I’m not gonna tell you the place was perfect. But even before CBGB’s booking turned into an orgy of indifference, Maxwell’s took a curatorial approach to the old & new in a manner that respected the intelligence of the audience & performers alike. In stark contrast to barns like City Gardens or The Ritz, Maxwell’s felt like a place that was owned & staffed by persons who thought the players and paying customers were friends and peers. As opposed to, y’know, targets & tools in the all-important struggle to sell more beer. This might not seem like much to those of you who aren’t ancient and decrepit enough to remember the tri-state area’s club scene in the mid 1980’s, but trust me on this one. It was a genuinely big deal to see live music in a space where every single person on the premises was glad to be there. So to Steve Fallon, Todd Abramson, Steve Shelley and a very long list of bartenders, door persons, sound people and music fans of varied ages/hairstyles, thanks for everything. And to those elsewhere standing against the tide of giant TV’s, glorified pay-to-play bullshit and closed-shop booking policies, I hope your respective runs are nearly as fun or interesting.

14 responses to “The Place That Ran Contrary To (Almost) Every Negative Rock Club Stereotype : A Fond Farewell To Maxwell’s”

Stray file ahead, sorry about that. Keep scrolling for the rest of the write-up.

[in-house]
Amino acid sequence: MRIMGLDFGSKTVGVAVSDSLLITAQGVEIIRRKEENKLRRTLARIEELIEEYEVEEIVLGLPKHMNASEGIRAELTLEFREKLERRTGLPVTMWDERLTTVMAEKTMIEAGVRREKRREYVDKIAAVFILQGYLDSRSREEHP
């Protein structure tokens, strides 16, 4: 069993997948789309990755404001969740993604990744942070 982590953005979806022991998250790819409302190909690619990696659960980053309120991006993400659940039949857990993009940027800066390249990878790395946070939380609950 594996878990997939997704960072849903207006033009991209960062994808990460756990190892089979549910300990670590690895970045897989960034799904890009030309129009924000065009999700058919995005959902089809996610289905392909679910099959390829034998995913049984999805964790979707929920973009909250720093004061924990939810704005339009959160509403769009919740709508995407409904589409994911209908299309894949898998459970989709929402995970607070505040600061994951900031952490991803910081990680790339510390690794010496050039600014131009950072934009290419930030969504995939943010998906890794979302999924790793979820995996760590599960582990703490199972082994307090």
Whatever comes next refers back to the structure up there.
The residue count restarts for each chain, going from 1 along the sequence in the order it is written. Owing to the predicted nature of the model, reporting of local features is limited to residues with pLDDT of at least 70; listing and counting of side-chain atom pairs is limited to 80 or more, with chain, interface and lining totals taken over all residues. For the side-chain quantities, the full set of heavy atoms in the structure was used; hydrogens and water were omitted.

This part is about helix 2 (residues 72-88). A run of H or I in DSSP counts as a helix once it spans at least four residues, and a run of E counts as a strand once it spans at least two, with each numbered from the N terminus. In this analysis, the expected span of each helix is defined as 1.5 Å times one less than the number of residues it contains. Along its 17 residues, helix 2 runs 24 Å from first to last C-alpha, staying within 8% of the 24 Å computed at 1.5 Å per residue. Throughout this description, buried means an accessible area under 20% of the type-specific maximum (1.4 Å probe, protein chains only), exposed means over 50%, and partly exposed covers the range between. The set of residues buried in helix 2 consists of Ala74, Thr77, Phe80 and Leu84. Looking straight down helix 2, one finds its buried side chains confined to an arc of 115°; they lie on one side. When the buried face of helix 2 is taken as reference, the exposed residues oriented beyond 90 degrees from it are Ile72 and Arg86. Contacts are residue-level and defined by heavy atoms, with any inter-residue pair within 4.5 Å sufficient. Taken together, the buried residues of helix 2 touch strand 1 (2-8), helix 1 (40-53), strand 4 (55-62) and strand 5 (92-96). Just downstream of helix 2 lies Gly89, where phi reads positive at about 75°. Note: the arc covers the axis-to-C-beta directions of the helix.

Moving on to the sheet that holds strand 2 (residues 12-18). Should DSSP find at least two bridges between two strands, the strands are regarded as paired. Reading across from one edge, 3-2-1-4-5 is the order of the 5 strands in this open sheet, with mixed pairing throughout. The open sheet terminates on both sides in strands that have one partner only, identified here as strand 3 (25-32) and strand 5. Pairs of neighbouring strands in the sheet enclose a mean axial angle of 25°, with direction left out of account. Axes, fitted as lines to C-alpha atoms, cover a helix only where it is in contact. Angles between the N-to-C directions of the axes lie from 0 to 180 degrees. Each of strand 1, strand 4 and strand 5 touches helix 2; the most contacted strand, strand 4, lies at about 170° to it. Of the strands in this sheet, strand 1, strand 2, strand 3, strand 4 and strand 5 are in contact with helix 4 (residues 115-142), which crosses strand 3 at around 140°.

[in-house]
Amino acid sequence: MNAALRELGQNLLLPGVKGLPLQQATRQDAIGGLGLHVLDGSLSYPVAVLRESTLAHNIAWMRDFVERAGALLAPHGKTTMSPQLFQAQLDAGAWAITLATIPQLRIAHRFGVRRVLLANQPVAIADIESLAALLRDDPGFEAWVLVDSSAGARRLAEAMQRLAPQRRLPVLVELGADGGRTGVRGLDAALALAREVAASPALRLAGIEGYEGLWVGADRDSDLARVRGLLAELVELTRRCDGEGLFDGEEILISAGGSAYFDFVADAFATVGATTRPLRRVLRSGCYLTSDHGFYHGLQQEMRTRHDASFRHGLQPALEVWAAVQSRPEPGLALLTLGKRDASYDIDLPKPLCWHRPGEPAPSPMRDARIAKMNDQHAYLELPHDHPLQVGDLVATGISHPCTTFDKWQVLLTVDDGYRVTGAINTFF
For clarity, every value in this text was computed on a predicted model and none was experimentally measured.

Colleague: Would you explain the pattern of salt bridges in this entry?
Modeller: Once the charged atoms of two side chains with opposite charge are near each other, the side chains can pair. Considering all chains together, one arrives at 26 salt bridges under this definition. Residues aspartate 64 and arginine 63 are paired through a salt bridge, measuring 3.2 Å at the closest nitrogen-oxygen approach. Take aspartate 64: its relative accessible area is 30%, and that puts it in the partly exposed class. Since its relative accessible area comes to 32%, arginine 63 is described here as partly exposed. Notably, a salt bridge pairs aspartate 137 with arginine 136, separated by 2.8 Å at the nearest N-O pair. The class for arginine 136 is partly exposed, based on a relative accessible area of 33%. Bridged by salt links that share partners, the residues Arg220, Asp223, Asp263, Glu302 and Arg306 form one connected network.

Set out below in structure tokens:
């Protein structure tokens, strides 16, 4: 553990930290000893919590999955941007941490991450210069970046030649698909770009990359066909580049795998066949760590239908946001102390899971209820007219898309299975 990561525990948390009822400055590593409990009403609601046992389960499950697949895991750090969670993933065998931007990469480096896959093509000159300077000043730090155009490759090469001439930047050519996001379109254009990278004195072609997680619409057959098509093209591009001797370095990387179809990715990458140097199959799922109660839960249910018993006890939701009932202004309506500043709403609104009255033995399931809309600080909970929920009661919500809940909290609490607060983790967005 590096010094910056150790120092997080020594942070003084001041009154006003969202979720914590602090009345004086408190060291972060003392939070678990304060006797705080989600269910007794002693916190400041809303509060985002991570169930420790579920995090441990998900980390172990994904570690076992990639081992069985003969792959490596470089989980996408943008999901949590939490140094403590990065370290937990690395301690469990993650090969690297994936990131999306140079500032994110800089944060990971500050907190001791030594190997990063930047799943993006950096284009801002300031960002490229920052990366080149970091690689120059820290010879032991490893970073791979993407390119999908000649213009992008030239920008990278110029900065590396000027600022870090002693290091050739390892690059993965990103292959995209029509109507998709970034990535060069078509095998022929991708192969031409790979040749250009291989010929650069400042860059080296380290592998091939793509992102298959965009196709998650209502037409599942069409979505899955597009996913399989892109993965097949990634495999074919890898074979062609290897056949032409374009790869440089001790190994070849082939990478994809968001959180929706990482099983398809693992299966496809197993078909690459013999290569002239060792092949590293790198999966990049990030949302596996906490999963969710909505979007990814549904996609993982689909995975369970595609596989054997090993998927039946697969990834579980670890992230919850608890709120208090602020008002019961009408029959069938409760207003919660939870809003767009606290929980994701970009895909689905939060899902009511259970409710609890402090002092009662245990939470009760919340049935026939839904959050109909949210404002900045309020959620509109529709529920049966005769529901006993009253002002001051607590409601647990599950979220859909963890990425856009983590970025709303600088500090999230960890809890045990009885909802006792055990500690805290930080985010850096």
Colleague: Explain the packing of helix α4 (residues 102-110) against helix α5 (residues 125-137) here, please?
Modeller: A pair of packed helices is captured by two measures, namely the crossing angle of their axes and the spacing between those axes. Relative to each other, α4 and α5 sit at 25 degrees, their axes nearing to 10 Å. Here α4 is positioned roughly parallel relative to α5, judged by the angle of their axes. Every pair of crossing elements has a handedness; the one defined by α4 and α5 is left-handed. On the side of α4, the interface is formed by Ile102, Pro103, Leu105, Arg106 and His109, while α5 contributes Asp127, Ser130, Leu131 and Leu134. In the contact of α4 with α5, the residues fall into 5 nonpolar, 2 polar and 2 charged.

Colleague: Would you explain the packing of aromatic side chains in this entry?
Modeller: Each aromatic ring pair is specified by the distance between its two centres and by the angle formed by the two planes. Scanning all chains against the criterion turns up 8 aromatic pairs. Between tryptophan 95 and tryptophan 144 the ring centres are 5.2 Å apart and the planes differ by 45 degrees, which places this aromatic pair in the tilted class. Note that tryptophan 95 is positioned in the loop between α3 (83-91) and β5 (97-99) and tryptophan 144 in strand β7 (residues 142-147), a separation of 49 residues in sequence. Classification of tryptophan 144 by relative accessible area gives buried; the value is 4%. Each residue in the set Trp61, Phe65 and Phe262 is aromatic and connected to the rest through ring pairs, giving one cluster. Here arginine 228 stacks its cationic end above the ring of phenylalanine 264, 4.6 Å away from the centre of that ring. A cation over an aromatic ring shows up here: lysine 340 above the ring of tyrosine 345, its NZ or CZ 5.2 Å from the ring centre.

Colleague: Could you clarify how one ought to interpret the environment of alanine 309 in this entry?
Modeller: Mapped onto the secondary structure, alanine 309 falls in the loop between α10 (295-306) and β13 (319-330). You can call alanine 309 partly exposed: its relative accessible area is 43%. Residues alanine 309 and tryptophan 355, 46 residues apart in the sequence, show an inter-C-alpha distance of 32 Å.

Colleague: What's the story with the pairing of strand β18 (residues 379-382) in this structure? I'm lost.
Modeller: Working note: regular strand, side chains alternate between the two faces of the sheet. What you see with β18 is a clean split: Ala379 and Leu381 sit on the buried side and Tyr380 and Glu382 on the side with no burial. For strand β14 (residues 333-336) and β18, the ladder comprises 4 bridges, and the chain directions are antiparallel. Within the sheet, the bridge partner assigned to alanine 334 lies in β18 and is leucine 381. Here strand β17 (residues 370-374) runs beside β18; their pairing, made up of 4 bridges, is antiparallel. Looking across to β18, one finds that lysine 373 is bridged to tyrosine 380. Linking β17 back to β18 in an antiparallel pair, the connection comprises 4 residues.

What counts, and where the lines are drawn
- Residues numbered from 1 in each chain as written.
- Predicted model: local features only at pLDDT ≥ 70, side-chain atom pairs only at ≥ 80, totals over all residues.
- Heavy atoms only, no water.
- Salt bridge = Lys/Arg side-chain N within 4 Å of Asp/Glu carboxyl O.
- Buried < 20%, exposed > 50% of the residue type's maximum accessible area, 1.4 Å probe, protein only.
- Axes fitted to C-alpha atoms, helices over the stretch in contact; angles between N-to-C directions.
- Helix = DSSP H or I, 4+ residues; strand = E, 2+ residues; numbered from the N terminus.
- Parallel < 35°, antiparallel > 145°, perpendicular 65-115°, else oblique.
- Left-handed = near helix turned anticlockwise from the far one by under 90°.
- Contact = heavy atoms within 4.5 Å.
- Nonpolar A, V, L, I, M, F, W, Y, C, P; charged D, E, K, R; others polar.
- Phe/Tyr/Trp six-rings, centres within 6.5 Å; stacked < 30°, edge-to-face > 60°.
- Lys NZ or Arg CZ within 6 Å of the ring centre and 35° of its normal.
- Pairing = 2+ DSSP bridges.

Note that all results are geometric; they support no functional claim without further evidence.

1. milkycerealbaby says:

    nice shout out to Bob Bert.

  2. Joly MacFie says:

    City Gardens a barn? That’s a bit of a stretch.

  3. GC says:

    I guess I owe barns an apology!

  4. Nick says:

    so this leaves what as the best tri-state area venue to watch music?

  5. John says:

    Nice photo.

  6. Julie says:

    While I will miss Maxwells, City Gardens was also a great club and in no way resembled a barn.
    Does this leave The Stone Pony as the best tri-state area venue to watch music?

  7. GC says:


    I’m using barn as a euphemism. Yes, to be 100% accurate it more closely resembled a warehouse. A LOVELY, INVITING WAREHOUSE.

    According to the Stone Pony’s concert calendar, upcoming attractions include Rusted Root, Big Country and the Marshall Tucker Band. I guess 285 Kent has nothing to worry about.

  8. gvl says:

    Stone Pony is nothing more than a once famous name being propped up to support (mostly, but not all) terrible bands and gouge local acts with pay-to-play bullshit. I’ll take Asbury Lanes over that place any day of the week.

  9. Maxwells was nice enough, and sure, compared to many, seemed to actually care about the music they showcased. That really shouldn’t be such a rarity, and in other places/other eras, it hasn’t been. I grant you the food was better than most clubs, but if you sat and had a meal, you wouldn’t have a good spot to see the band.